Dr Becky Smethurst closes 2019 Astronomy For All Lectures with journey through Galaxy Zoo

Dr Becky Smethurst delivers the final 2019 Astronomy For All Lecture on Galaxy Zoo. 27 February 2019

Oxford Astrophysics’ Dr Becky Smethurst closed 2019’s Astronomy For All Lecture Series with an enthralling talk about citizen science and the groundbreaking results that emerged from the Galaxy Zoo project.

Dr Smethurst, a Junior Research Fellow at Christ Church, began the evening with an overview of what galaxies are and how they can be identified, before going on to explain the purpose of the Galaxy Zoo project, which began at the University of Oxford.

She explained: “With a million images of galaxies and you want to classify them, but there are only a limited number of astronomers in the world, what do you do?”

The answer? Ask the public!

Galaxy Zoo was an online project where members of the public from around the world could view different images of galaxies, along with instructions on how they could be classified.

The project was a huge success, attracting more volunteers than anticipated, meaning the classifications were finished far quicker than expected. Dr Smethurst said: “There were one million galaxies each classified 40 times in six months. That’s incredible.”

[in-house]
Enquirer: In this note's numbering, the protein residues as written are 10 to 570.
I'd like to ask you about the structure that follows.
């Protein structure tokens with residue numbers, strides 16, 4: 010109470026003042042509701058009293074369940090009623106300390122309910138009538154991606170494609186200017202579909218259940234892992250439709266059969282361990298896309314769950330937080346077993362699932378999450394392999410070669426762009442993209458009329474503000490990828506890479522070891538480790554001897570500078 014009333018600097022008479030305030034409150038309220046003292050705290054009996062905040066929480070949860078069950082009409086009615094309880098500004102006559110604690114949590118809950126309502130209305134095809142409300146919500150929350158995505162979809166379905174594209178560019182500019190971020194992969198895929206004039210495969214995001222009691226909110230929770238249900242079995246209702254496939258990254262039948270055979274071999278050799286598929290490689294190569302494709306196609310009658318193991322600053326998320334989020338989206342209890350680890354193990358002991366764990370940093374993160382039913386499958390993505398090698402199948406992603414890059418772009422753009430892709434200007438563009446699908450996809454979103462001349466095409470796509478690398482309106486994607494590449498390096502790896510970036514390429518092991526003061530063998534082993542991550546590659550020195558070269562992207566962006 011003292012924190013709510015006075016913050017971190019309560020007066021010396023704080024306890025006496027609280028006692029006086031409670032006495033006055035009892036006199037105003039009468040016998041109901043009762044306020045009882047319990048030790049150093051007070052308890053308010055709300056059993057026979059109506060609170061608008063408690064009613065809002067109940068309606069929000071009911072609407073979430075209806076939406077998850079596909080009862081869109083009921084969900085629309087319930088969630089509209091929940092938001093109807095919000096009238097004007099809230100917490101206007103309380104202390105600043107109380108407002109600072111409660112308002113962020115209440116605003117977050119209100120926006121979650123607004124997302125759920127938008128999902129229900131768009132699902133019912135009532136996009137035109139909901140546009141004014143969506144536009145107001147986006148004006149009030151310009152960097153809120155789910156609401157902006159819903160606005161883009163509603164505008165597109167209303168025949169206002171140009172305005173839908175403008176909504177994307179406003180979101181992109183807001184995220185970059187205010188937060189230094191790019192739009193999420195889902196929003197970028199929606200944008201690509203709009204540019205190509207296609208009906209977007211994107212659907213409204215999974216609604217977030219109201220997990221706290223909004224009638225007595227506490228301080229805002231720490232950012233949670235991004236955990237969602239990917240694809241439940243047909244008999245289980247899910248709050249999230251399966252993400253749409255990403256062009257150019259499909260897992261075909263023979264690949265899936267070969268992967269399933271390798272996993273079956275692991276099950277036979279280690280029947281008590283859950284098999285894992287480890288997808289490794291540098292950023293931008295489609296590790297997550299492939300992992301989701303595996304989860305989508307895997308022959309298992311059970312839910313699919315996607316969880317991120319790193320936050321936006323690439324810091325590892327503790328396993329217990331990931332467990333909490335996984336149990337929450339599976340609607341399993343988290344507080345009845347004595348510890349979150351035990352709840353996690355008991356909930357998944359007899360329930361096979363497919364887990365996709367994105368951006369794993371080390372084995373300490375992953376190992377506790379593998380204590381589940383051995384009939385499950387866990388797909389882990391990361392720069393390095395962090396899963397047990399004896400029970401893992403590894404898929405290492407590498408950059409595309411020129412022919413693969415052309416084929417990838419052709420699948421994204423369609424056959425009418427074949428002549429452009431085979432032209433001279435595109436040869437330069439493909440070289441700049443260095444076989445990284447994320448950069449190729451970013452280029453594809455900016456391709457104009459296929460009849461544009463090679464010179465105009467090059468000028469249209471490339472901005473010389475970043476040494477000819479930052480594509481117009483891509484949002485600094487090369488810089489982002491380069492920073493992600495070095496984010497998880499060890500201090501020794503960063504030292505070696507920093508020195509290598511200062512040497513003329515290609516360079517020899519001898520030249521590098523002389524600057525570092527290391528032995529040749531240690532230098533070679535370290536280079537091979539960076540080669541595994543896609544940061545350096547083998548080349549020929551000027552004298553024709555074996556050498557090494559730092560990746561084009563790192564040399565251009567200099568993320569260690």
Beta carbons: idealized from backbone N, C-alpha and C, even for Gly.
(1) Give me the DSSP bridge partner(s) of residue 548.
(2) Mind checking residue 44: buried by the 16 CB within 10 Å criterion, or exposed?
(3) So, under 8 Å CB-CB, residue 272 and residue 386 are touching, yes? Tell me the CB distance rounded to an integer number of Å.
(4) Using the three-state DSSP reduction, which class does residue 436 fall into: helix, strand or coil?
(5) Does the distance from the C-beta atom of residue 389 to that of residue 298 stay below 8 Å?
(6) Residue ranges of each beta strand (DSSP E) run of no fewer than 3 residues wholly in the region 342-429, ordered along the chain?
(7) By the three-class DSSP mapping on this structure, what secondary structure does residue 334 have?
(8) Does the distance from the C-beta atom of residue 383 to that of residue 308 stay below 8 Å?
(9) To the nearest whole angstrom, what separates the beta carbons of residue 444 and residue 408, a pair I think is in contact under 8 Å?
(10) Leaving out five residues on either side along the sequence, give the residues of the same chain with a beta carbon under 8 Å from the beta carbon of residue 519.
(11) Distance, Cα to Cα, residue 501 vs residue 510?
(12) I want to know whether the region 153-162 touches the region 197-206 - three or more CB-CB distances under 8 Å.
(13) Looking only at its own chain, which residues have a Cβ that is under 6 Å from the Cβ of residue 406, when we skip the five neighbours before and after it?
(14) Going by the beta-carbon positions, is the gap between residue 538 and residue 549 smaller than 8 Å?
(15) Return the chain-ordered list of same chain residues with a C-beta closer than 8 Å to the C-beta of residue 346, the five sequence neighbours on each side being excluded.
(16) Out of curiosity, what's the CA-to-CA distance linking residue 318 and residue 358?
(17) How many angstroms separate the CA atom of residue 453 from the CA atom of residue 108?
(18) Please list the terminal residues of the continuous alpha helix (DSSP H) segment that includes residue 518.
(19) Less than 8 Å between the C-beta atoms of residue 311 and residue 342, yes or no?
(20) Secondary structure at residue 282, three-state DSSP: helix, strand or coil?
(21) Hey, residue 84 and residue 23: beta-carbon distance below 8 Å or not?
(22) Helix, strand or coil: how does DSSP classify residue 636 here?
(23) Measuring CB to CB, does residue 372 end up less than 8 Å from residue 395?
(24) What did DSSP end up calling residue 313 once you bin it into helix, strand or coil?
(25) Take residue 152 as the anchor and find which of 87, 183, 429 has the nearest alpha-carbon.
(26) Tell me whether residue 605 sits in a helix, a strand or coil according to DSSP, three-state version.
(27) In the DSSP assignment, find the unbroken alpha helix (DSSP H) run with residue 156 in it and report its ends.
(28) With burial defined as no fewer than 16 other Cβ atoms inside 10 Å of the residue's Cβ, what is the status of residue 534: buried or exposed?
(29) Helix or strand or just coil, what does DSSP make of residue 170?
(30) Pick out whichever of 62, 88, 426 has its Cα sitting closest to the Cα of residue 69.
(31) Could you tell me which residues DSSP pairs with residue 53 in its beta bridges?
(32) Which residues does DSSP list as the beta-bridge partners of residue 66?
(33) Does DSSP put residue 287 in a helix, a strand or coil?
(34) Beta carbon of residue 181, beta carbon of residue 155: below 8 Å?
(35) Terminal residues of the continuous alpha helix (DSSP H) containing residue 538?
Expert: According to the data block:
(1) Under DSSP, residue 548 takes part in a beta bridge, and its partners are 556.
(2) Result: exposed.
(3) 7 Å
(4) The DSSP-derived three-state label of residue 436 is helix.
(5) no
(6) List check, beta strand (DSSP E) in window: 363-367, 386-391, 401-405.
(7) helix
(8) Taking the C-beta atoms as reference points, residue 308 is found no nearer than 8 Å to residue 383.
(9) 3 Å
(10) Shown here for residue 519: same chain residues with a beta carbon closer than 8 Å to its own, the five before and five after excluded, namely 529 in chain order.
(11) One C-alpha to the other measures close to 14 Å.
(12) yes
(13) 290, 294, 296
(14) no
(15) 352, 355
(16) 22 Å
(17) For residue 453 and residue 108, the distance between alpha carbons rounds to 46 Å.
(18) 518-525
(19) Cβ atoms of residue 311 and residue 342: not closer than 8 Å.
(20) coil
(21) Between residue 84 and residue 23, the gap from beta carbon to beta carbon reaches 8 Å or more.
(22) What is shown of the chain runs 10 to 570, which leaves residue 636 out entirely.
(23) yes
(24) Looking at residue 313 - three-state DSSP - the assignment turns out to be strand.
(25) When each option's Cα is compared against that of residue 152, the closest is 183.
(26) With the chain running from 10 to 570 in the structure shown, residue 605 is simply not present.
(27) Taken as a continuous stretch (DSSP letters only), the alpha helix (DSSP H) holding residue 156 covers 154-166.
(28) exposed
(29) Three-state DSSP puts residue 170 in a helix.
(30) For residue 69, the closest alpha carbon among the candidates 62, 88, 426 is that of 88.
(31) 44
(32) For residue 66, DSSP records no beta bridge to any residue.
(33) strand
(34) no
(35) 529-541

Dr Becky Smethurst delivers the final 2019 Astronomy For All Lecture on Galaxy Zoo. 27 February 2019

Dr Smethurst said she couldn’t have done her own PhD without the data collected from the Galaxy Zoo project

During the talk, Dr Smethurst described some of her favourite discoveries from the project, including how a simple question from a Dutch schoolteacher, Hanny van Arkel, asking what a blue mark on a picture of a galaxy was, led to the groundbreaking discovery of a rare astronomical phenomenon, now known as Hanny’s Voorwerp.

Dr Smethurst also spoke about how she couldn’t have done her own PhD, a population study of galaxies, without the data collected from Galaxy Zoo.

The Galaxy Zoo project is ongoing and Dr Smethurst revealed several other people-powered research projects are also taking place on Zooinverse.org, asking volunteers to help with everything from identifying the movements of animals in the Serengeti, to the behaviour of penguins in Antarctica or transcribing World War I correspondence.

Dr Smethurst concluded her talk by saying: “Whatever it is that is your science that gets you excited there is probably a project on there, you just have to go out and find it. I hope maybe you will go to Zooinverse.org and help us out, people doing PhDs, and contribute your own little patch to science.”

The Astronomy For All Lectures Series is convened by Green Templeton Associate Fellow Charles Barclay, Vice-President of the Royal Astronomical Society and Director of the Blackett Observatory. He began the lectures in 2006 as a way of strengthening and reinforcing the link between Green Templeton, home of the Radcliffe Observatory, and astronomy (the Oxford Astrophysics Department in particular).

The other two talks in the 2019 series were:

Reaching young stars: British Astronomy and Astrophysics Olympiad

Wednesday 23 January 2019 at 18:00
Speaker: Charles Barclay

The gravitational sky

Wednesday 20 February 2019 at 18:00
Speaker: Professor Mike Cruise, President of the Royal Astronomical Society

Read more about the history of astronomy at Green Templeton.

Created: 28 February 2019